The cognitive side effects of carbamazepine (Equetro, Tegretol), phenytoin (Dilantin) and valproate sodium (Depacon) are comparable and associated with modest psychomotor slowing accompanied by decreased attention and memory (Meador, 2005). Neuropsychological side effects generally emerge according to a dose-dependent relationship (Meador, 2005); however, both quality of life (Gilliam, 2002) and memory may be affected, even when serum blood concentrations are within standard therapeutic ranges. In children, AED effects are seen in decreased performance on the Continuous Performance Test (CPT) (Mandelbaum et al., 2003) or memory. In addition, some children are at heightened risk for developing disproportionate cognitive side effects with carbamazepine (Seidel and Mitchell, 1999). Treatment with carbamazepine has also been associated with electroencephalogram slowing in the alpha range (Frost et al., 1995). How these short-term effects translate into academic achievement has not been adequately established (Bailet and Turk, 2000). However, there appears to be some relationship between the magnitude of EEG slowing and subsequent decline on selected Wechsler Intelligence Scale for Children-Revised (WISC-R) subtests tested after one year of therapy (Frost et al., 1995).
Dr. Loring is professor in the departments of neurology and clinical health psychology at the University of Florida.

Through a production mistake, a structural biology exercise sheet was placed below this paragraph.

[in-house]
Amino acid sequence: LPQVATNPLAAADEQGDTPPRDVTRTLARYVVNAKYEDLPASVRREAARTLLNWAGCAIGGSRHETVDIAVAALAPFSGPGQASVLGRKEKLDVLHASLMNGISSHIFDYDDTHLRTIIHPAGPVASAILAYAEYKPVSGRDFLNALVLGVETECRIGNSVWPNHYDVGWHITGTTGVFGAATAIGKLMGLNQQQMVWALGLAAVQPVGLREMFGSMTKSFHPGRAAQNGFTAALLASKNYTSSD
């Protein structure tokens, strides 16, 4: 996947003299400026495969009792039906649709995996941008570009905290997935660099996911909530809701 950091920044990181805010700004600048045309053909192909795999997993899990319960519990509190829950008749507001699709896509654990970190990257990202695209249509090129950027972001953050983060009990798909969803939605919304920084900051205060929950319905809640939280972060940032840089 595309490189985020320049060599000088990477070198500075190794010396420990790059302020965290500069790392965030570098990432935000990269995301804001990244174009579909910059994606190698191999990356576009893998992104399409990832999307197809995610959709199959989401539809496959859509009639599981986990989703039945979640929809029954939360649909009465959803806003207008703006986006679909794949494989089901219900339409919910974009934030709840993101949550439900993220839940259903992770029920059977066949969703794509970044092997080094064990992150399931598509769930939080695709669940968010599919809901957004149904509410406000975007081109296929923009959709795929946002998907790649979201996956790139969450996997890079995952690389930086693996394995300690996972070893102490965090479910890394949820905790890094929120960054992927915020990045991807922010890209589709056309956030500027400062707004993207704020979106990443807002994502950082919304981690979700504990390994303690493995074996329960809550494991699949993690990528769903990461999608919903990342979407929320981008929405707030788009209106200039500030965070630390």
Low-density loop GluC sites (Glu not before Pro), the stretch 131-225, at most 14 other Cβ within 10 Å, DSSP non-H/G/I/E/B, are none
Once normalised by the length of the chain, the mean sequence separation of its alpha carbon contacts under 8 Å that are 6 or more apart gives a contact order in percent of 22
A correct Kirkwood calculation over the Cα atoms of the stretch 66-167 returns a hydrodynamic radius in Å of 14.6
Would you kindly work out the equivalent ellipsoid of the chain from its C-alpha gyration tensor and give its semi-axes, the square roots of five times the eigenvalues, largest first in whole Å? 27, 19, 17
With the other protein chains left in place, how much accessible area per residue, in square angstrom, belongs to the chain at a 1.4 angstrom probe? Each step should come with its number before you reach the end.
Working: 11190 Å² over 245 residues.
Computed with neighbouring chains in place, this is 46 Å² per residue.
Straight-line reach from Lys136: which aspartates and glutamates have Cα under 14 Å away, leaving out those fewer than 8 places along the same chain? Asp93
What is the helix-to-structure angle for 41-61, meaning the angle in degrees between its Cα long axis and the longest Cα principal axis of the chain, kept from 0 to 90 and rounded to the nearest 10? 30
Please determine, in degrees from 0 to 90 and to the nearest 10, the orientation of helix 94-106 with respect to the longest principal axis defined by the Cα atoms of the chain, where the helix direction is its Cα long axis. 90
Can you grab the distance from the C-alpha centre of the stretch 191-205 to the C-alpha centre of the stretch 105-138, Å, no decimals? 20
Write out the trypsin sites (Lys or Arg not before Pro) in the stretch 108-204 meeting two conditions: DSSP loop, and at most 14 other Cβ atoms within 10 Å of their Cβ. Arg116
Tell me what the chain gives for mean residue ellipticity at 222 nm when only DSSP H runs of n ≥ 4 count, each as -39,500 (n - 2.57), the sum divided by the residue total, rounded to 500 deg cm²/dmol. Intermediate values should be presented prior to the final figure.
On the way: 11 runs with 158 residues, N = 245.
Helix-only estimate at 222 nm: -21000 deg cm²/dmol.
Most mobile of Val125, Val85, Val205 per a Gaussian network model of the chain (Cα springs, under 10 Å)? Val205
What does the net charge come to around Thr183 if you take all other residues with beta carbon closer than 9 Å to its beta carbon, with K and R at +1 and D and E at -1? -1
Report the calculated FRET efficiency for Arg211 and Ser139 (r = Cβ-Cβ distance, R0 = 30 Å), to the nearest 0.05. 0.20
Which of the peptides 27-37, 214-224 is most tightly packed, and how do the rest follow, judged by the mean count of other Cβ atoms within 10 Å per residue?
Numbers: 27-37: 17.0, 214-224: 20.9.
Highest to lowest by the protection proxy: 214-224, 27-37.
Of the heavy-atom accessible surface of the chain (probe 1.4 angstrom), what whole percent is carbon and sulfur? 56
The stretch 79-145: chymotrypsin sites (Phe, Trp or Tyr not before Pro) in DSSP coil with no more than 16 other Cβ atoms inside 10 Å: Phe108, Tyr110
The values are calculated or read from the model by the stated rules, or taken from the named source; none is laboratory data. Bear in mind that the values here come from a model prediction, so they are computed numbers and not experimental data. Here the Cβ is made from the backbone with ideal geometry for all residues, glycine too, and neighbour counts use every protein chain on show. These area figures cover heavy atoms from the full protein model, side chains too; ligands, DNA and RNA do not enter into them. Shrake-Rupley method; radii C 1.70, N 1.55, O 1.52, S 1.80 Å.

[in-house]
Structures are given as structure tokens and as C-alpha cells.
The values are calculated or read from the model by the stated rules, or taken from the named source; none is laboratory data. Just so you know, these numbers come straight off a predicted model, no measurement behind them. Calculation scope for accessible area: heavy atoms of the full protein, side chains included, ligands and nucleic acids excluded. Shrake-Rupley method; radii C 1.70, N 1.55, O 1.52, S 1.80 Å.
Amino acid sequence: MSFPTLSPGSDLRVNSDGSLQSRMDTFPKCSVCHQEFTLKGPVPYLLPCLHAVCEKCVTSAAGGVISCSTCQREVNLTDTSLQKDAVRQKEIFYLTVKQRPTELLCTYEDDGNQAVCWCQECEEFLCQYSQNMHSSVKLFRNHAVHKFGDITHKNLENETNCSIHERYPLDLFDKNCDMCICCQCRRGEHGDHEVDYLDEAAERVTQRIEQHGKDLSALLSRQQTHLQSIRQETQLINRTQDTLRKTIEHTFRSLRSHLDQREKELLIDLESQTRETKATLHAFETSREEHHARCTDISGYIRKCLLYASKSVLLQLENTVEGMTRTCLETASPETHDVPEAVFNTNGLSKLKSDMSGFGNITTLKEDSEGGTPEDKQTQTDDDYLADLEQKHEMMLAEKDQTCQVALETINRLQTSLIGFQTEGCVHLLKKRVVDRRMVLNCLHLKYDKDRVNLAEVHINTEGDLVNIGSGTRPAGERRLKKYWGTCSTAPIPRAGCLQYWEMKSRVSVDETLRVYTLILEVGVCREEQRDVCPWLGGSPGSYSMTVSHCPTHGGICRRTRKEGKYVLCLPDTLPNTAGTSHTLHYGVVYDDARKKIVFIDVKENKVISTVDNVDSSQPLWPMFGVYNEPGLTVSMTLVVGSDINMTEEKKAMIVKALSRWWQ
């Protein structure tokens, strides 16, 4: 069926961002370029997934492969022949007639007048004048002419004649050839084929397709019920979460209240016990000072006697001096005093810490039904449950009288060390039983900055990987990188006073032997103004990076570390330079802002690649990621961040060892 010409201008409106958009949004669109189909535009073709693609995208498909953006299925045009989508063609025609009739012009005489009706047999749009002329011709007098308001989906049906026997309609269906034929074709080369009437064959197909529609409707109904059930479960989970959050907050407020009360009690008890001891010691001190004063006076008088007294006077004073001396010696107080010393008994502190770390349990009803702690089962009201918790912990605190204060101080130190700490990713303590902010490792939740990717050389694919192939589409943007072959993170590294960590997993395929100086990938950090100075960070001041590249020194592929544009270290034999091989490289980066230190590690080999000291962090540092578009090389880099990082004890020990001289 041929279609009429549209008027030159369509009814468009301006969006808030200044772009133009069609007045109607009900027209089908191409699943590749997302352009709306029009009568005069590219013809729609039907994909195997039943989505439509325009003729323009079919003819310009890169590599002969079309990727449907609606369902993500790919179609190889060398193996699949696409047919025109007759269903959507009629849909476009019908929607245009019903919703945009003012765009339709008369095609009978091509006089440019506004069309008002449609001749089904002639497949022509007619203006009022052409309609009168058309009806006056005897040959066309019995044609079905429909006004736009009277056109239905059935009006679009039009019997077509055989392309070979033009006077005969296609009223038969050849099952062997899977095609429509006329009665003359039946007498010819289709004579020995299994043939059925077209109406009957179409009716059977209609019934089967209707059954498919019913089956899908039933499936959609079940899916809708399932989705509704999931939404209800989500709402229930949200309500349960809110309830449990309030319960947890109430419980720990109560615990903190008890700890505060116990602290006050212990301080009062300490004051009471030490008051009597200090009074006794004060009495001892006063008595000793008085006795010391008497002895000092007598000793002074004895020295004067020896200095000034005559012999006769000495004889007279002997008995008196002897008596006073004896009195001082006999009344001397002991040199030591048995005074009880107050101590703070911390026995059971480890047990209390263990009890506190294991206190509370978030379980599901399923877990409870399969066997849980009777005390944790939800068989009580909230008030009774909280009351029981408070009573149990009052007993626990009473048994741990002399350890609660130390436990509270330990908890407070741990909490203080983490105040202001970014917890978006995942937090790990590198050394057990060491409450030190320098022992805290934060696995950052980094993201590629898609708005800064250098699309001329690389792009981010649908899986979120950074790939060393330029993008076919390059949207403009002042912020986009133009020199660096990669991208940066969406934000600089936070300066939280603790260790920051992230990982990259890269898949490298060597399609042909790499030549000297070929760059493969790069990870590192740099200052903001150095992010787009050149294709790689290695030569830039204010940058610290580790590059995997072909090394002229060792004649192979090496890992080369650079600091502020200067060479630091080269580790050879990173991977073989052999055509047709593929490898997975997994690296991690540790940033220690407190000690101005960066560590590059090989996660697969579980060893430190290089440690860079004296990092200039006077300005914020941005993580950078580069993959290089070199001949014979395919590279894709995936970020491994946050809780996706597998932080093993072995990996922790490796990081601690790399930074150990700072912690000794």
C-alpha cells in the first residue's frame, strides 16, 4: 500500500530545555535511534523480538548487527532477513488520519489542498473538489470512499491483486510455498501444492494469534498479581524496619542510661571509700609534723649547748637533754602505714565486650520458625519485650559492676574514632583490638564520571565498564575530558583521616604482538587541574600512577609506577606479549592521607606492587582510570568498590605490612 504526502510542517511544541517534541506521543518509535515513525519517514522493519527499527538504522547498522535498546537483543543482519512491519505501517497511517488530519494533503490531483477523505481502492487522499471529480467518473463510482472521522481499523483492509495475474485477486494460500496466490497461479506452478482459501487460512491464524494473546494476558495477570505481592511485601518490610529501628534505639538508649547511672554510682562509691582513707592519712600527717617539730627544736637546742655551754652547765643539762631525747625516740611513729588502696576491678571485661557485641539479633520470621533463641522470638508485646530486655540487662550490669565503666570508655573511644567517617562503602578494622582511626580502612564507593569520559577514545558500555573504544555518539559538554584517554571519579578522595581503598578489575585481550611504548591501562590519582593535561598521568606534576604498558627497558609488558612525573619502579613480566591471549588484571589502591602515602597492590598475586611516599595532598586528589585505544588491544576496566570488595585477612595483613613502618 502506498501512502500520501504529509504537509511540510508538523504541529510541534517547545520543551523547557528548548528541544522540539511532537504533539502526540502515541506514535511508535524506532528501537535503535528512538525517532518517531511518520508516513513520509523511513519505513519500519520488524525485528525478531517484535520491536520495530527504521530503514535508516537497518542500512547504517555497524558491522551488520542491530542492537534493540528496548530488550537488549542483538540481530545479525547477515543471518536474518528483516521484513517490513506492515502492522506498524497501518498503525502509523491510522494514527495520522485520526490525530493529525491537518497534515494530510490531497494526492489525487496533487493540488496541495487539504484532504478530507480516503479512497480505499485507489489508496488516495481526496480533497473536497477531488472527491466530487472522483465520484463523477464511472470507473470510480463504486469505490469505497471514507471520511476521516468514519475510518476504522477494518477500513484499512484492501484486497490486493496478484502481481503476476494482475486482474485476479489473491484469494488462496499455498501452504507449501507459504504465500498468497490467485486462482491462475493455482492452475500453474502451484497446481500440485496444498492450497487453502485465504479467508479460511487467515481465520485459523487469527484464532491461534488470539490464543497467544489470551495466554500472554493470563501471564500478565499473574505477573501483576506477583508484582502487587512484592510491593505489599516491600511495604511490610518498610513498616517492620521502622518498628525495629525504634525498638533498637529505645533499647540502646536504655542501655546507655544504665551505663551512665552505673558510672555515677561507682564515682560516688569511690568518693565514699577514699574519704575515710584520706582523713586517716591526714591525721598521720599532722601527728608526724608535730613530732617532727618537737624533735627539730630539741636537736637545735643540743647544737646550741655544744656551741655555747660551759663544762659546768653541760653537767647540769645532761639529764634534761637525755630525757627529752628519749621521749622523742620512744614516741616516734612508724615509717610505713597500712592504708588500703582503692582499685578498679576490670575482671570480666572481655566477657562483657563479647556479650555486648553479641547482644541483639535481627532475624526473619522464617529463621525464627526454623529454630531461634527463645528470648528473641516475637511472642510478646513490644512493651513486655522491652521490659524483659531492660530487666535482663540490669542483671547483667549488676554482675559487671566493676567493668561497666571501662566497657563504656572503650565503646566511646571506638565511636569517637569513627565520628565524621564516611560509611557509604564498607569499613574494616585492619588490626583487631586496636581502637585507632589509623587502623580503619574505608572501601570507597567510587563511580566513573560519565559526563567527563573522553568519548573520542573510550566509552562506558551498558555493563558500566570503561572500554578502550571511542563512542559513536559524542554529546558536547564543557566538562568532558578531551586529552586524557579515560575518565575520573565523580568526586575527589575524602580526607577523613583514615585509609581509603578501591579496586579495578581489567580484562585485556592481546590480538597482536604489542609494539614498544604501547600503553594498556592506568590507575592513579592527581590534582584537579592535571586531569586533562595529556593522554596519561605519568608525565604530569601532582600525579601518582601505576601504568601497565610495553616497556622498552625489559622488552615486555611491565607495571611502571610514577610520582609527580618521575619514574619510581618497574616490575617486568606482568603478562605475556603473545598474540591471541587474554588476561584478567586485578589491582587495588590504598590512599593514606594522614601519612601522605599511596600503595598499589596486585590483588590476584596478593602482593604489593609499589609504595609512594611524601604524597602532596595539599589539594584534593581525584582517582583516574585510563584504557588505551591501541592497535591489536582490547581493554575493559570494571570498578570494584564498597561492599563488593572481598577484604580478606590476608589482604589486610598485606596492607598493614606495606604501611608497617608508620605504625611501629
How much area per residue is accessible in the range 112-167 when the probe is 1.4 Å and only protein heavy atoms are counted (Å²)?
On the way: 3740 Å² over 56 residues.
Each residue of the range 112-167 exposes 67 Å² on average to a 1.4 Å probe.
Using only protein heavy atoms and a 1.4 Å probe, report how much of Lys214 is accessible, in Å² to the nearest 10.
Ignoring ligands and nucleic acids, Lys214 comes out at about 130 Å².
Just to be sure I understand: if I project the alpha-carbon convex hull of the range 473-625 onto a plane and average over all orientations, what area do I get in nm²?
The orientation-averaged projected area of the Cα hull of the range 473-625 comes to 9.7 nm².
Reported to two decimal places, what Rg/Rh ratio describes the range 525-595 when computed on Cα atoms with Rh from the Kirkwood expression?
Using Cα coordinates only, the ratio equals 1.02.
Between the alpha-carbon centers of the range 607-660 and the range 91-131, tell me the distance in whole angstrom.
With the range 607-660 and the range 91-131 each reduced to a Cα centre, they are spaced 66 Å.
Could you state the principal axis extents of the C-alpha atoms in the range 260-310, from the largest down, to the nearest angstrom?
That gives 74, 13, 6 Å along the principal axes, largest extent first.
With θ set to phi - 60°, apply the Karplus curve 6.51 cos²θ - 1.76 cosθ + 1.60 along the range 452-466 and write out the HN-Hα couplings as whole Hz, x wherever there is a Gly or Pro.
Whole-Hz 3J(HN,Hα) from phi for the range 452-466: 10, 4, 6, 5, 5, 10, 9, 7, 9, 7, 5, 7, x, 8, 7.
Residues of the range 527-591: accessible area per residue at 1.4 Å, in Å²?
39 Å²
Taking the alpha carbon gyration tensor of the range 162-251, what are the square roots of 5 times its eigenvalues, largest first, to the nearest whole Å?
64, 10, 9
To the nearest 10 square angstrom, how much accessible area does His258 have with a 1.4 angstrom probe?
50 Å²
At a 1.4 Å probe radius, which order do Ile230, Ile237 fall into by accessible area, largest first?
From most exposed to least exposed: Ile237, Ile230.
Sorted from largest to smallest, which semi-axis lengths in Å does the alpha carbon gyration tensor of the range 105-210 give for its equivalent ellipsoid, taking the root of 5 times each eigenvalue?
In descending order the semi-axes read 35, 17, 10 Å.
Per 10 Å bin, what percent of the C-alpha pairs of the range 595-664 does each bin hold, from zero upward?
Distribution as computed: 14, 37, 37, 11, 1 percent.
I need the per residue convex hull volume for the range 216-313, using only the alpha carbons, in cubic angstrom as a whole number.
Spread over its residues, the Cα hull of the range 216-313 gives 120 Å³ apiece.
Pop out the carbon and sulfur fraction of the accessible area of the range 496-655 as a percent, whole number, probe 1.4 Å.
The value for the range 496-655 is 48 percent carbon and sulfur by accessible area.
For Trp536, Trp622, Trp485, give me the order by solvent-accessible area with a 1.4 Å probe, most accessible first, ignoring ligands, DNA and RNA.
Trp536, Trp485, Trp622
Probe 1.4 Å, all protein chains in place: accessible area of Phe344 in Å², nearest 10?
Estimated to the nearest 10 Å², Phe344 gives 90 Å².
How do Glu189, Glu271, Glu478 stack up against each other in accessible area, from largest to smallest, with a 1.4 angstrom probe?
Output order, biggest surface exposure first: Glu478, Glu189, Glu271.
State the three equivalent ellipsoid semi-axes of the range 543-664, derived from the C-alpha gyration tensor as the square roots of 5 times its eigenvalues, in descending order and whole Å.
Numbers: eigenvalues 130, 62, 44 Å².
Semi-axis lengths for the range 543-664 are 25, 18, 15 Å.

AAP Committee on Drugs (1995), Behavioral and cognitive effects of anticonvulsant therapy. Pediatrics 96(3 pt 1):538-540.
Akaho R (1996), The effects of antiepileptic drugs on cognition in normal volunteers. Psychiatry Clin Neurosci 50(2):61-69.
Annegers JF (1996), The epidemiology of epilepsy. In: The Treatment of Epilepsy: Principles and Practice, Wyllie E, ed. Baltimore: Williams & Wilkins.
Bailet LL, Turk WR (2000), The impact of childhood epilepsy on neurocognitive and behavioral performance: a prospective longitudinal study. Epilepsia 41(4):426-431.
Berent S, Sackellares JC, Giordani B et al. (1987), Zonisamide (CI-912) and cognition: results from preliminary study. Epilepsia 28(1):61-67.
Bittigau P, Sifringer M, Ikonomidou C (2003), Antiepileptic drugs and apoptosis in the developing brain. Ann N Y Acad Sci 993:103-114 [see discussion pp123-124].
Dodrill CB, Arnett JL, Shu V et al. (1998), Effects of tiagabine monotherapy on abilities, adjustment, and mood. Epilepsia 39(1):33-42.
Dooley JM, Camfield PR, Smith E et al. (1999), Topiramate in intractable childhood onset epilepsy-a cautionary note. Can J Neurol Sci 26(4):271-273.